Dr. James R. Anderson, 61, the chief geographer of the U.S. Geological Survey and a former chairman of the department of geography at the University of Florida, died of leukemia Wednesday at Fairfax Hospital.
Dr. Anderson, who was born in Whitaker, Ind., earned a bachelor's degree from Indiana University. During World War II, he served in the Navy in the Pacific and then returned to Indiana and earned a master's degree in geography. He took a doctorate in geography at the University of Maryland in 1950 and for the next two years was an assistant professor there.
In 1952, Dr. Anderson joined the Department of Agriculture, where he was a geographer and agricultural economist until 1960.
He was chairman of the department of geography at the University of Florida from 1960 until 1972. He then was appointed chief geographer of the Geological Survey and scientific adviser of the director.
Dr. Anderson, who lived in Reston, was a member of various technical committees of the National Academy of Sciences and the National Science Foundation. He also was vice chairman of the U.S. National Committee for the International Geographical Union, chairman of the U.S. Board of Geographic Names and vice president of the Asociation of American Geographers.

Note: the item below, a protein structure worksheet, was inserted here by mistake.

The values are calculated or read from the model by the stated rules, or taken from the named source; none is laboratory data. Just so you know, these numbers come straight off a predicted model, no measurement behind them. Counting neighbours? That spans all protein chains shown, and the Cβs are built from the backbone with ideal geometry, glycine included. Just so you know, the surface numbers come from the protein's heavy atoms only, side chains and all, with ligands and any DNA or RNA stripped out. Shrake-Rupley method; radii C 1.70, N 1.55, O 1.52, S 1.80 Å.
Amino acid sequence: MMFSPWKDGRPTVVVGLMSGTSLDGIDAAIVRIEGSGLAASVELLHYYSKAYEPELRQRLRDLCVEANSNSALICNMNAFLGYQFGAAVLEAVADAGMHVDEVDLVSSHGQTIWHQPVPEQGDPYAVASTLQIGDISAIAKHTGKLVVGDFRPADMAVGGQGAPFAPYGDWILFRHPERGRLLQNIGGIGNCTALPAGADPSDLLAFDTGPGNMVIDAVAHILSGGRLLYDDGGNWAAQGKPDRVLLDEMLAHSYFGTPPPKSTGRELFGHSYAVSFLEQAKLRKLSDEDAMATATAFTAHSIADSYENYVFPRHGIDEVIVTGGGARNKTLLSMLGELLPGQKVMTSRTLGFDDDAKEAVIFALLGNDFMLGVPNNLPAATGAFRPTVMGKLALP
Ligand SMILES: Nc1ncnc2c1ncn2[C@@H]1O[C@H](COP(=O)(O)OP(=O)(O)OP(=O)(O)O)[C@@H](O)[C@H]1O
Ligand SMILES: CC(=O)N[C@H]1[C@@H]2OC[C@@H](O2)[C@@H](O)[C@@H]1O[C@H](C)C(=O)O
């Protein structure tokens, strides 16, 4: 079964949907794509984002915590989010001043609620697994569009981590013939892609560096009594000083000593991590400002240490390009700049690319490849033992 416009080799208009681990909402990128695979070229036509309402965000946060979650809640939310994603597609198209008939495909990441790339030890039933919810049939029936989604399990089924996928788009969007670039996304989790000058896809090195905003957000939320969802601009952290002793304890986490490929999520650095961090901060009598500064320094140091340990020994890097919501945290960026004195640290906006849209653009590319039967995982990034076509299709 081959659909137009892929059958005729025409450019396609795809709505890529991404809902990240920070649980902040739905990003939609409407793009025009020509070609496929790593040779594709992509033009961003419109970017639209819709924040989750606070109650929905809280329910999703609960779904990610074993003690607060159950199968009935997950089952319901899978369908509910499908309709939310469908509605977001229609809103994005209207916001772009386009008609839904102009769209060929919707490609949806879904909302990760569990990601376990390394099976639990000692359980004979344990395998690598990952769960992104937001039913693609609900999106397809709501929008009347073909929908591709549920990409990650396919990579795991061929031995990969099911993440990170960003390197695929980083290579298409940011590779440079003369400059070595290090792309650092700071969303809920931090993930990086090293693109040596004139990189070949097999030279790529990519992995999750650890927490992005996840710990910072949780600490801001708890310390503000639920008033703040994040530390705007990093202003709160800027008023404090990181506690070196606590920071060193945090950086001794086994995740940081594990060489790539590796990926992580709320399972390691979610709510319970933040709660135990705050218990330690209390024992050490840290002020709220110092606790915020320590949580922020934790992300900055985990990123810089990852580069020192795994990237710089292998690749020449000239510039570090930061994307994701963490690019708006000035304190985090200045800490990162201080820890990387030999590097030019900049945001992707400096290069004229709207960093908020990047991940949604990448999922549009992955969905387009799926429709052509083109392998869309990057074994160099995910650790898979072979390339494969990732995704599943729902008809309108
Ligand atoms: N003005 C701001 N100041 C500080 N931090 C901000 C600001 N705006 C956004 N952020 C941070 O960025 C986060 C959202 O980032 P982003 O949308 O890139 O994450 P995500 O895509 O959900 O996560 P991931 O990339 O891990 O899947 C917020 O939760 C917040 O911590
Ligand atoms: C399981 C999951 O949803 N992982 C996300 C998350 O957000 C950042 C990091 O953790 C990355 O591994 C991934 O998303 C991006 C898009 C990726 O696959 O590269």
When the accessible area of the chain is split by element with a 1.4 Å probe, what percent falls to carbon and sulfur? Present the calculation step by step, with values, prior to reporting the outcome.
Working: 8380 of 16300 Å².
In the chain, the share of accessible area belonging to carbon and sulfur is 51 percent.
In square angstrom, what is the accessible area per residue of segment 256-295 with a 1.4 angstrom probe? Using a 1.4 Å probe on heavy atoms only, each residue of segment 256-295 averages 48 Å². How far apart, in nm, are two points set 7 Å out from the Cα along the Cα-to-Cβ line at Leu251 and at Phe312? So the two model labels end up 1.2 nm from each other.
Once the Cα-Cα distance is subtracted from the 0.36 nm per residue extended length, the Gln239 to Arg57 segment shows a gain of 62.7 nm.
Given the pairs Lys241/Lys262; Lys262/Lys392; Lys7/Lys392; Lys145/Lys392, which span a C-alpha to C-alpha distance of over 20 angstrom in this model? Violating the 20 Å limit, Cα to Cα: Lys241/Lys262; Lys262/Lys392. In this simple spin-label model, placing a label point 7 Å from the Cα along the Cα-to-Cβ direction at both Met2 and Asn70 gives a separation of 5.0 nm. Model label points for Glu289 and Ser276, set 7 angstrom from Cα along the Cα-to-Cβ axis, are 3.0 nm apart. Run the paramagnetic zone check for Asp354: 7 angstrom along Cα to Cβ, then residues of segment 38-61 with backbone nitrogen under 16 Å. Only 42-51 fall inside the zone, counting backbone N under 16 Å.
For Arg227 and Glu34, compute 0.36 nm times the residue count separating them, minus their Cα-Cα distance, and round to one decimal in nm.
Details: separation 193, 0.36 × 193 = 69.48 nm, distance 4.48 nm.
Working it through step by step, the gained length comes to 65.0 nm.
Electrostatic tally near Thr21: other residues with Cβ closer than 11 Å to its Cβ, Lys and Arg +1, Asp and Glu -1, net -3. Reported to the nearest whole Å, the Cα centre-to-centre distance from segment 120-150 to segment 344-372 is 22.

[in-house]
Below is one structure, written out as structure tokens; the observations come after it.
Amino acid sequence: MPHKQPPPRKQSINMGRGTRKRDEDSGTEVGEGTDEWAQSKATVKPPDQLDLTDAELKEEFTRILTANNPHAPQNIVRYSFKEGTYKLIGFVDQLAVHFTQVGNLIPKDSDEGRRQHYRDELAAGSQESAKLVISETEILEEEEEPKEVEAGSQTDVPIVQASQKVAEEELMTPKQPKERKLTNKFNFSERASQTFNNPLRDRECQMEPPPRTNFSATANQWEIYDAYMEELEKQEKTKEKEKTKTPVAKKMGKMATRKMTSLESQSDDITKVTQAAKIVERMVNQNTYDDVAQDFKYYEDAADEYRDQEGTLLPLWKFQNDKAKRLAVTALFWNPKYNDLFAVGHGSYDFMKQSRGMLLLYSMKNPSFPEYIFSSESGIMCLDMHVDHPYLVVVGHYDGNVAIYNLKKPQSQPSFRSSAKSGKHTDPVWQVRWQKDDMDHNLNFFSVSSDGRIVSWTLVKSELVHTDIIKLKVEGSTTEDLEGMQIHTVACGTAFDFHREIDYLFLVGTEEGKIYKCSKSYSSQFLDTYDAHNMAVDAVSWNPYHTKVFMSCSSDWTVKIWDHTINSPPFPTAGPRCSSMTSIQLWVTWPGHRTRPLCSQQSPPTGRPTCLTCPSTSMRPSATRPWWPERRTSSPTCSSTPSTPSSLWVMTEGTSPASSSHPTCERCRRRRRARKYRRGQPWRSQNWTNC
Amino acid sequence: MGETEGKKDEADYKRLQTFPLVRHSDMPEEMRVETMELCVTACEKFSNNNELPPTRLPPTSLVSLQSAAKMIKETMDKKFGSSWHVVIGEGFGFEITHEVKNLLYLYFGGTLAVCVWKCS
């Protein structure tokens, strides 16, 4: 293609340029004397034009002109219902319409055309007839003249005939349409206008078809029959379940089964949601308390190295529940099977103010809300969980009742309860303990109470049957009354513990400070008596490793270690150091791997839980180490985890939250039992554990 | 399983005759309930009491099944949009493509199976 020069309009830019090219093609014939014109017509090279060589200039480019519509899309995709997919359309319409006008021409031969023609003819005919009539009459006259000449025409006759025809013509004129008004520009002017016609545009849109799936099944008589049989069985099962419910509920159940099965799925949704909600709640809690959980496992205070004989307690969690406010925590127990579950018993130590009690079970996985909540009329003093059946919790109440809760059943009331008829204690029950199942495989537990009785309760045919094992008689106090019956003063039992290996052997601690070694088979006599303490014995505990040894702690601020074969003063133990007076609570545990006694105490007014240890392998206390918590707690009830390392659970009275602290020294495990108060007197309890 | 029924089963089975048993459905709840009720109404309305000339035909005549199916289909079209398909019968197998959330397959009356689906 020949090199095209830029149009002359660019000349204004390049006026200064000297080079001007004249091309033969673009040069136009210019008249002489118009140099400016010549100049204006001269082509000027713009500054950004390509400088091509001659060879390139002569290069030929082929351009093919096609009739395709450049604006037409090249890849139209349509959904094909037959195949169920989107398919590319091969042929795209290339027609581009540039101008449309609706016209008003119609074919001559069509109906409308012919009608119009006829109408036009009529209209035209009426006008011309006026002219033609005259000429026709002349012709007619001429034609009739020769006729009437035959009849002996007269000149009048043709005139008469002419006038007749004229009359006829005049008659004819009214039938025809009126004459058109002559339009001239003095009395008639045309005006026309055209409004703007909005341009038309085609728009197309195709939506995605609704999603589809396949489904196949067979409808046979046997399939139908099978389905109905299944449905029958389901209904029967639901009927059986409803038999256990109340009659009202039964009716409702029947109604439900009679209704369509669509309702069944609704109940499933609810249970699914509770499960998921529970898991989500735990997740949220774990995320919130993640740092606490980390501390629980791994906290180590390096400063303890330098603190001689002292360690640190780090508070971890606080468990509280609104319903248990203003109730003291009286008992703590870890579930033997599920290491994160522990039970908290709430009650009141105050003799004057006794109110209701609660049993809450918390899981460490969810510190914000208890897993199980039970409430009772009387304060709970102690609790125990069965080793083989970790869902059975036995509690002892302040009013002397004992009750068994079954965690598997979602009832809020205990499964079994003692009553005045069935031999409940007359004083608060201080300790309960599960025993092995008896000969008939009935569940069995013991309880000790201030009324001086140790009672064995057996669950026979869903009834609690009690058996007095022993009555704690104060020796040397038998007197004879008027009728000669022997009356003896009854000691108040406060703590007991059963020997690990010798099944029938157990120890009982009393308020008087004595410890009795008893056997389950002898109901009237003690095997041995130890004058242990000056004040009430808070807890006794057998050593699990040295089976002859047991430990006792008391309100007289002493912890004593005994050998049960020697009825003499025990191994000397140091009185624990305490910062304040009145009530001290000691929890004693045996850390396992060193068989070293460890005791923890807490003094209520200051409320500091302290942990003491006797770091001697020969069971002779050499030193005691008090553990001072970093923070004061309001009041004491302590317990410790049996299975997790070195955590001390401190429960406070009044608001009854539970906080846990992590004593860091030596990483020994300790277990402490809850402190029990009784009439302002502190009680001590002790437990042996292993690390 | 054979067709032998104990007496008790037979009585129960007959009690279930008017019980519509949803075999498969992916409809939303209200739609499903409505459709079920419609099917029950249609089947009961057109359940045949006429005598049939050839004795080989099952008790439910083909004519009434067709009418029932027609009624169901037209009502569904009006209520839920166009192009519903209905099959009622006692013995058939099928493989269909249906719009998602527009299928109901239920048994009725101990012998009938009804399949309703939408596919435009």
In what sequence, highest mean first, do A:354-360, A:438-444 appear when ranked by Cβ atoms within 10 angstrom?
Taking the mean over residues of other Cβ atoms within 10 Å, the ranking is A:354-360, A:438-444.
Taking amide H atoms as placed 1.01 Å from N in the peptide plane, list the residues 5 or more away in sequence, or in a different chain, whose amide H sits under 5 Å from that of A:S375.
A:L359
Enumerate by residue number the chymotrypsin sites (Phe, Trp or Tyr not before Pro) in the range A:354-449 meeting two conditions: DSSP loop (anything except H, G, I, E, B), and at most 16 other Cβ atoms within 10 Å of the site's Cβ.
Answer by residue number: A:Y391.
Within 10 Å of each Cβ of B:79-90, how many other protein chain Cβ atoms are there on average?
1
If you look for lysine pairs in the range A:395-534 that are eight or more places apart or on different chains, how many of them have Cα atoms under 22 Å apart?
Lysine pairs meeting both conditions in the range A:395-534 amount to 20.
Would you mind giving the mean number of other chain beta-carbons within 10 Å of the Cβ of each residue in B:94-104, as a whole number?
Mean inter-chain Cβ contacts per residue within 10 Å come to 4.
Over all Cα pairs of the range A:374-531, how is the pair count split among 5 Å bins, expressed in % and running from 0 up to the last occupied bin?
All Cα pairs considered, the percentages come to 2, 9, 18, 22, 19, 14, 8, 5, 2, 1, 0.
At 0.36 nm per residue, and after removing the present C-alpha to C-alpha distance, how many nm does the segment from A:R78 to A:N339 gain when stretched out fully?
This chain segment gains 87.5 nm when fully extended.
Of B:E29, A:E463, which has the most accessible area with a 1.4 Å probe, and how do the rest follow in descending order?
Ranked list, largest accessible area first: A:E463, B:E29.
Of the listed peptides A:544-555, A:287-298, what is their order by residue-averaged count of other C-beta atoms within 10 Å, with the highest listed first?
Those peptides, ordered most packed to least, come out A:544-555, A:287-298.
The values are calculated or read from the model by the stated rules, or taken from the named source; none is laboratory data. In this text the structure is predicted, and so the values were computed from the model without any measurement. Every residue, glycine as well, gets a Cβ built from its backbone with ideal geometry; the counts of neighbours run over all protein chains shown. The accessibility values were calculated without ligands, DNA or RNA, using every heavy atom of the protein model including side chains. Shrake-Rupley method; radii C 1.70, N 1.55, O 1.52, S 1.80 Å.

Survivors include his wife, Joy Elaine Anderson of Reston; two sons, James Richard Jr. of Tallahassee, Fla., and John W. of Reston; two daughters, Judyth Sue Anderson, of Tallahassee, and Janine Joy Anderson of Reston; two brothers, Herb Anderson of Indianapolis, and Max Anderson of Gosport, Ind; two sisters, Ruth Broyer of Columbus, Ind., and Maxine Seibert Wolfe of Hyattsville, and one grandson.
The family suggests that expressions of sympathy be in the form of contributions to the Association of American Geographers, or to the Leukemia Society of America.